Booby trauma

Scribbled hastily in my William Morris pocket purse notebook, 11:14 this morning:

Well, you can knock me over with a feather right now, I am so stunned. Stunned! (I just attempted to record this as an audio post, but I’m so floored I can’t talk. I got the words all jumbled.) If any information about my lingerie would be TMI [Too Much Information] for you, you’d better stop reading right now.

An hour ago I went to Nordstrom for a bra fitting. I’ve always wanted to get fitted, but never bothered to do it. But today Wacoal and Nordstrom are doing free fittings to benefit the Susan G Komen Breast Cancer Foundation, so I figured it’d be a good time.

I entered Nordstrom and went upstairs to Lingerie, where the fitter led me to a dressing room.

“What size do you wear now?” she asked as she deftly passed a tape measure under my breasts.

“38C,” I replied.

“Ohhh yeah,” she responded, glancing at the measure, “way too big. You should be in a 34, probably a D cup.”

Obviously the ramifications of this pronouncement are quite a bit easier to handle, but the shock was as great as if you’d just told me I was adopted. Or heir to a huge fortune. It was just something that never entered into my head even in my wildest imaginings. It rather surprises me that my bra size should be so ingrained in my identity — isn’t it just an objective measurement? — but apparently it is. I guess one doesn’t go through years of wearing a 38C without somehow adapting oneself to a 38C personality, whatever that means.

And now that it transpires I’m actually a 34D, I can’t wrap my head around it. I haven’t worn a 34 in ages, probably ever since I started wearing a bra. Very soon after that I moved on to a 36, and by the time I changed to a 38 (in college) I’d long decided that 34s were for skinny girls. From a preteen who desperately hated having to wear a bra, to a young woman grown comfortable with being a size 38 and a C cup, I’ve had to change my perceptions of what my breasts mean to me… and now I have to change again, only this time it’s not gradual.

I’m so weirded out.

And no, it’s not a ploy on the part of Wacoal and Nordstrom to sell more bras; the 34- (Wacoal) and 36- (DKNY) Ds the fitter brought out really do fit me better. I’d never have believed it.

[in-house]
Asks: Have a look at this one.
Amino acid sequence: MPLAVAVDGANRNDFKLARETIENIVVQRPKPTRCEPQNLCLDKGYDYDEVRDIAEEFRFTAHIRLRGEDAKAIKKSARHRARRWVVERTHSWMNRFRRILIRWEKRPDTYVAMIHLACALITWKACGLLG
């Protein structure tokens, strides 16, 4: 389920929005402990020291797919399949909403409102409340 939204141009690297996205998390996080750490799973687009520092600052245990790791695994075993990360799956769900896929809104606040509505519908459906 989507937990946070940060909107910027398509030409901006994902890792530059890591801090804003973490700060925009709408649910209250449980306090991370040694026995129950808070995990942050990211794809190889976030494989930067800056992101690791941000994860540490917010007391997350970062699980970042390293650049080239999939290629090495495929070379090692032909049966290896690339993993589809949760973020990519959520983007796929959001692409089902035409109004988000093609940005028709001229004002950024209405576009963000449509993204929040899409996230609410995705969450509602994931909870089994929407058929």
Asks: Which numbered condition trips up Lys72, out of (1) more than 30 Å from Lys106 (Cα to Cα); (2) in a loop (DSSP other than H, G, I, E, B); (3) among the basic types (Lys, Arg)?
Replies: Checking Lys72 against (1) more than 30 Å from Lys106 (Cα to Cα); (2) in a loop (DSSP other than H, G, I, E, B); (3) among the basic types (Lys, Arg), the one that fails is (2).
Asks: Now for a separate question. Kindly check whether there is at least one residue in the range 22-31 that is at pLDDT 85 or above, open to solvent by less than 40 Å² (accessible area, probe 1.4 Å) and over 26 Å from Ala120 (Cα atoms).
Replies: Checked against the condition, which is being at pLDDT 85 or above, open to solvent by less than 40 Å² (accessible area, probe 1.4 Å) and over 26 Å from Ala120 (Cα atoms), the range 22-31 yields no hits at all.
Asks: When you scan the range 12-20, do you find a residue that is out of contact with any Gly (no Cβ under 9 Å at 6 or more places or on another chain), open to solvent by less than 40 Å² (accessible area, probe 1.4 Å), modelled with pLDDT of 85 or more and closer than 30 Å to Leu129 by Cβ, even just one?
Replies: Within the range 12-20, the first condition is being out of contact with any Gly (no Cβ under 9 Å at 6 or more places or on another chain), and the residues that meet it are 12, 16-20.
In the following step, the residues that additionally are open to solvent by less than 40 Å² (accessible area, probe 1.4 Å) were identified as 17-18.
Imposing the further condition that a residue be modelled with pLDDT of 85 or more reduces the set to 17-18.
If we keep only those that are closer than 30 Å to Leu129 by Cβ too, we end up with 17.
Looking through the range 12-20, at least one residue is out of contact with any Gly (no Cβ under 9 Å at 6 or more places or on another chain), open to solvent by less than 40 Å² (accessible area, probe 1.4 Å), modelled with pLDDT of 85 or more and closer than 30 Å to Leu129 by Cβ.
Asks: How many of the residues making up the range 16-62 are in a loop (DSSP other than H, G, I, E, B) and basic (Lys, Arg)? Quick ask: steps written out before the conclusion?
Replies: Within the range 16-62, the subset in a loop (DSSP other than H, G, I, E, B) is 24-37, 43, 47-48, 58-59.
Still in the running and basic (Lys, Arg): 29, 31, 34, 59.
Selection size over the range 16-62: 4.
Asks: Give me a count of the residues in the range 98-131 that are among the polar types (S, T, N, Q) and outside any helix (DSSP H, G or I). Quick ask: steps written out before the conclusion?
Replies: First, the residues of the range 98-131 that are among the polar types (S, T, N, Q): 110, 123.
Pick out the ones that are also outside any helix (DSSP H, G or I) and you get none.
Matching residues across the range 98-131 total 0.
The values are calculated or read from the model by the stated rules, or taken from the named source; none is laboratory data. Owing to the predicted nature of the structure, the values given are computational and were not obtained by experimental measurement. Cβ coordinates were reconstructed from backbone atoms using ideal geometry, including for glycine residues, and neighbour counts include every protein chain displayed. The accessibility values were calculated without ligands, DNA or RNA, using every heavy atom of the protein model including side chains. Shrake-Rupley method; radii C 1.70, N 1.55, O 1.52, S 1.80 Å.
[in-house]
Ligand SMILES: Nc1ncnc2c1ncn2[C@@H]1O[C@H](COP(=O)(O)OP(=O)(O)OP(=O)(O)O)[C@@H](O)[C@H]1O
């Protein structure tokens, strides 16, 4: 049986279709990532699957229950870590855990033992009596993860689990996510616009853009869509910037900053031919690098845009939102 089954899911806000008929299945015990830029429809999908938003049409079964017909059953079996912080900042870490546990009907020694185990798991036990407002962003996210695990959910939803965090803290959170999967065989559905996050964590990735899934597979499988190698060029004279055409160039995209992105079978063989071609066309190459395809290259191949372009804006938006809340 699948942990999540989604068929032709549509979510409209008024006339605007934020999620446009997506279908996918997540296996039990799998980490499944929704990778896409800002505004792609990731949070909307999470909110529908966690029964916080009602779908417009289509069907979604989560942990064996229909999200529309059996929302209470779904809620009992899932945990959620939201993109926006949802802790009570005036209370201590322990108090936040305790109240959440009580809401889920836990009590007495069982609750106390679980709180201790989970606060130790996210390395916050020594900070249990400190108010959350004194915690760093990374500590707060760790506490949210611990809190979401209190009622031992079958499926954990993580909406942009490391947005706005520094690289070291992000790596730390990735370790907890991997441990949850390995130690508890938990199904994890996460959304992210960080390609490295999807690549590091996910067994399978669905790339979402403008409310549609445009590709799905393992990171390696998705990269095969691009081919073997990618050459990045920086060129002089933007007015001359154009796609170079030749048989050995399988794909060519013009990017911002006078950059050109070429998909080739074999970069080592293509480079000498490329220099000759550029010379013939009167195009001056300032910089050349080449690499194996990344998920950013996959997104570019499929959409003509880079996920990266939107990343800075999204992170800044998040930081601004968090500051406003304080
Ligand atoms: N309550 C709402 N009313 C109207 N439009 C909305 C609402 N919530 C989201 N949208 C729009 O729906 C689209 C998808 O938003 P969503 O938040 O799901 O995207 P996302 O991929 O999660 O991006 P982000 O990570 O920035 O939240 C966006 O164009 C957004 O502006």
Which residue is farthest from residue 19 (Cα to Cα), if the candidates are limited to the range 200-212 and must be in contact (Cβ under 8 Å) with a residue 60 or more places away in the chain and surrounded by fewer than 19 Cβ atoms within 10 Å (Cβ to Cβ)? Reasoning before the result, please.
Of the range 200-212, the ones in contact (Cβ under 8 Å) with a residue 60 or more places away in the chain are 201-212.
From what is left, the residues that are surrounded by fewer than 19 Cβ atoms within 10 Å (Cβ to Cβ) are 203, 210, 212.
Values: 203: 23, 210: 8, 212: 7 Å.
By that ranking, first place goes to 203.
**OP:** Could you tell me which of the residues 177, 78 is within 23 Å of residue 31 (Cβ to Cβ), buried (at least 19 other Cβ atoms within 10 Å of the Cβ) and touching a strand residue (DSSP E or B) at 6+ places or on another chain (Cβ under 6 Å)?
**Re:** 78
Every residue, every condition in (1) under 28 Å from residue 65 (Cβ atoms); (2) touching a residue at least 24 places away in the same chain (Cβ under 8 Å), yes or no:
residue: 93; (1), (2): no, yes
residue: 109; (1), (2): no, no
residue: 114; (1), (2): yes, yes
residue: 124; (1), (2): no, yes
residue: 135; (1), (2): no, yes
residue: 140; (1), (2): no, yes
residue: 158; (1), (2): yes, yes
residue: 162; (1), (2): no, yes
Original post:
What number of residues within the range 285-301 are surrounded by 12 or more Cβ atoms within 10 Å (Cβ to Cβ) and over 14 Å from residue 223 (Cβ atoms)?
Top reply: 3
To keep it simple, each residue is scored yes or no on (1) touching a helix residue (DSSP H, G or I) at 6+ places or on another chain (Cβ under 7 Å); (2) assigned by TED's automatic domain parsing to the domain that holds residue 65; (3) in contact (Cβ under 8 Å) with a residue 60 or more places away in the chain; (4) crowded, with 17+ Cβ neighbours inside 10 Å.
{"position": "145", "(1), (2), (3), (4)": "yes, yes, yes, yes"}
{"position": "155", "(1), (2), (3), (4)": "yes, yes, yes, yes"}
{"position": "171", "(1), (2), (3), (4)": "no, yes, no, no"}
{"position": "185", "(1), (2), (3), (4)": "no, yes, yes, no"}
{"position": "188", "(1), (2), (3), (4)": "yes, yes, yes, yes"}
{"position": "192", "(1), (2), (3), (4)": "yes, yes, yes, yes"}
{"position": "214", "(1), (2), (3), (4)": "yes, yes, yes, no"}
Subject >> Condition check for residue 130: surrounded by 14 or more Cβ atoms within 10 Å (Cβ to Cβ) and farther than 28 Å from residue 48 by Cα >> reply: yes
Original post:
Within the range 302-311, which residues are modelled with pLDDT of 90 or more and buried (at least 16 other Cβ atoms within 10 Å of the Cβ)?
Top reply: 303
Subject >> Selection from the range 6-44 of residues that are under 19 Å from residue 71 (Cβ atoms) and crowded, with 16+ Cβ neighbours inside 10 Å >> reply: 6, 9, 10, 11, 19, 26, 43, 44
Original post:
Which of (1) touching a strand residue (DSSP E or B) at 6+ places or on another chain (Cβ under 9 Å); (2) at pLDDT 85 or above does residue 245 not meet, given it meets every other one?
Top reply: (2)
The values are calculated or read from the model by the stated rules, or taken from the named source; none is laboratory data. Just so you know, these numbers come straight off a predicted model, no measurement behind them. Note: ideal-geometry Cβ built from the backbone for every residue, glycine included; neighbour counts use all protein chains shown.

I walked through the Grove, the parking lot, and Trader Joe’s after my traumatic fitting all stunned and unable to process anything. After trying on the bras in my true size, I could feel that my current bra, my favorite in what I’d long thought of as my proper size, wasn’t as comfortable. It even made me feel self-conscious, like everyone was looking at me and wondering why I was wearing the wrong size bra. I almost wanted to cross my arms across my chest just to hide it. I’m telling you, I’m so surprised that this is such a major deal for me, but it’s totally turned my world around (at least for today).

As soon as I got home, I took out my new bra (I bought an inexpensive black one to start with) and put it on, and it’s just amazing how much better it feels. It’s not a great bra, the straps are a bit itchy and it shows through my clothes, but it fits so well. Years ago, when I realized how much more comfortable higher-end bras are, I started buying those exclusively, and I figured that the small adjustments and pokings and proddings were just the way bras had to feel. But now that I’m wearing a different size, this bra really is even more comfortable than not wearing one (which is what they always tell you a bra should feel like). It feels infinite worlds better than any other bra I’ve ever worn, and it’s not even a good one.

I’m quite disturbed because after my coat shopping trip I had to vow not to spend any more money on clothes this month, but now I’m afraid I have to go back on my word. After wearing the right size I can’t go back to wearing the wrong one, but I can’t get through the month with only a black lace bra, so I think I’m going to have to completely rebuild my bra wardrobe. After my fitting I called Jackie and persuaded her to have one too, so she’s going to come over this afternoon after class and we’ll return to the Grove, and I will start rebuilding my collection while she’s being fitted. Eep. I really thought I could make it this month without doing any more shopping, but I don’t think I can compromise on this one. At the very least, I’m going to have to get a basic nude seamless that I can wear under everything.

[This post was imported on 4/10/14 from my old blog at satsumabug.livejournal.com.]

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2 responses to “Booby trauma

  1. this tooooooootally happened to me too!!! i had read before that “8 out of 10 women wear the wrong bra size” but i always thought “well as a 34A there’s nowhere else to go. so this must be the right size.” (and for the record, victoria’s secret propagates this error because even to this day they will insist i’m the wrong size until i show them how much better the RIGHT size fits). now i’m a 32C which fits SO well and looks so nice. i had my sister and friends all go and get resized and everyone was so impressed. the most common pitfall for bra-fitting is too big of a band size combined with too small of a cup size (so a poorly fit 36B is probably a 34C, and so on). it really was weird how much my bra size had become a part of who i was though…

    • Hahaha I’m so glad to know I’m not the only one who somehow learned to identify herself with her bra size!! I’ve heard that too about the band vs cup size, and it’s happened to my friends as well. These days, anytime I go in to get a new bra, I just get fitted. It’s easier than living with the wrong size!

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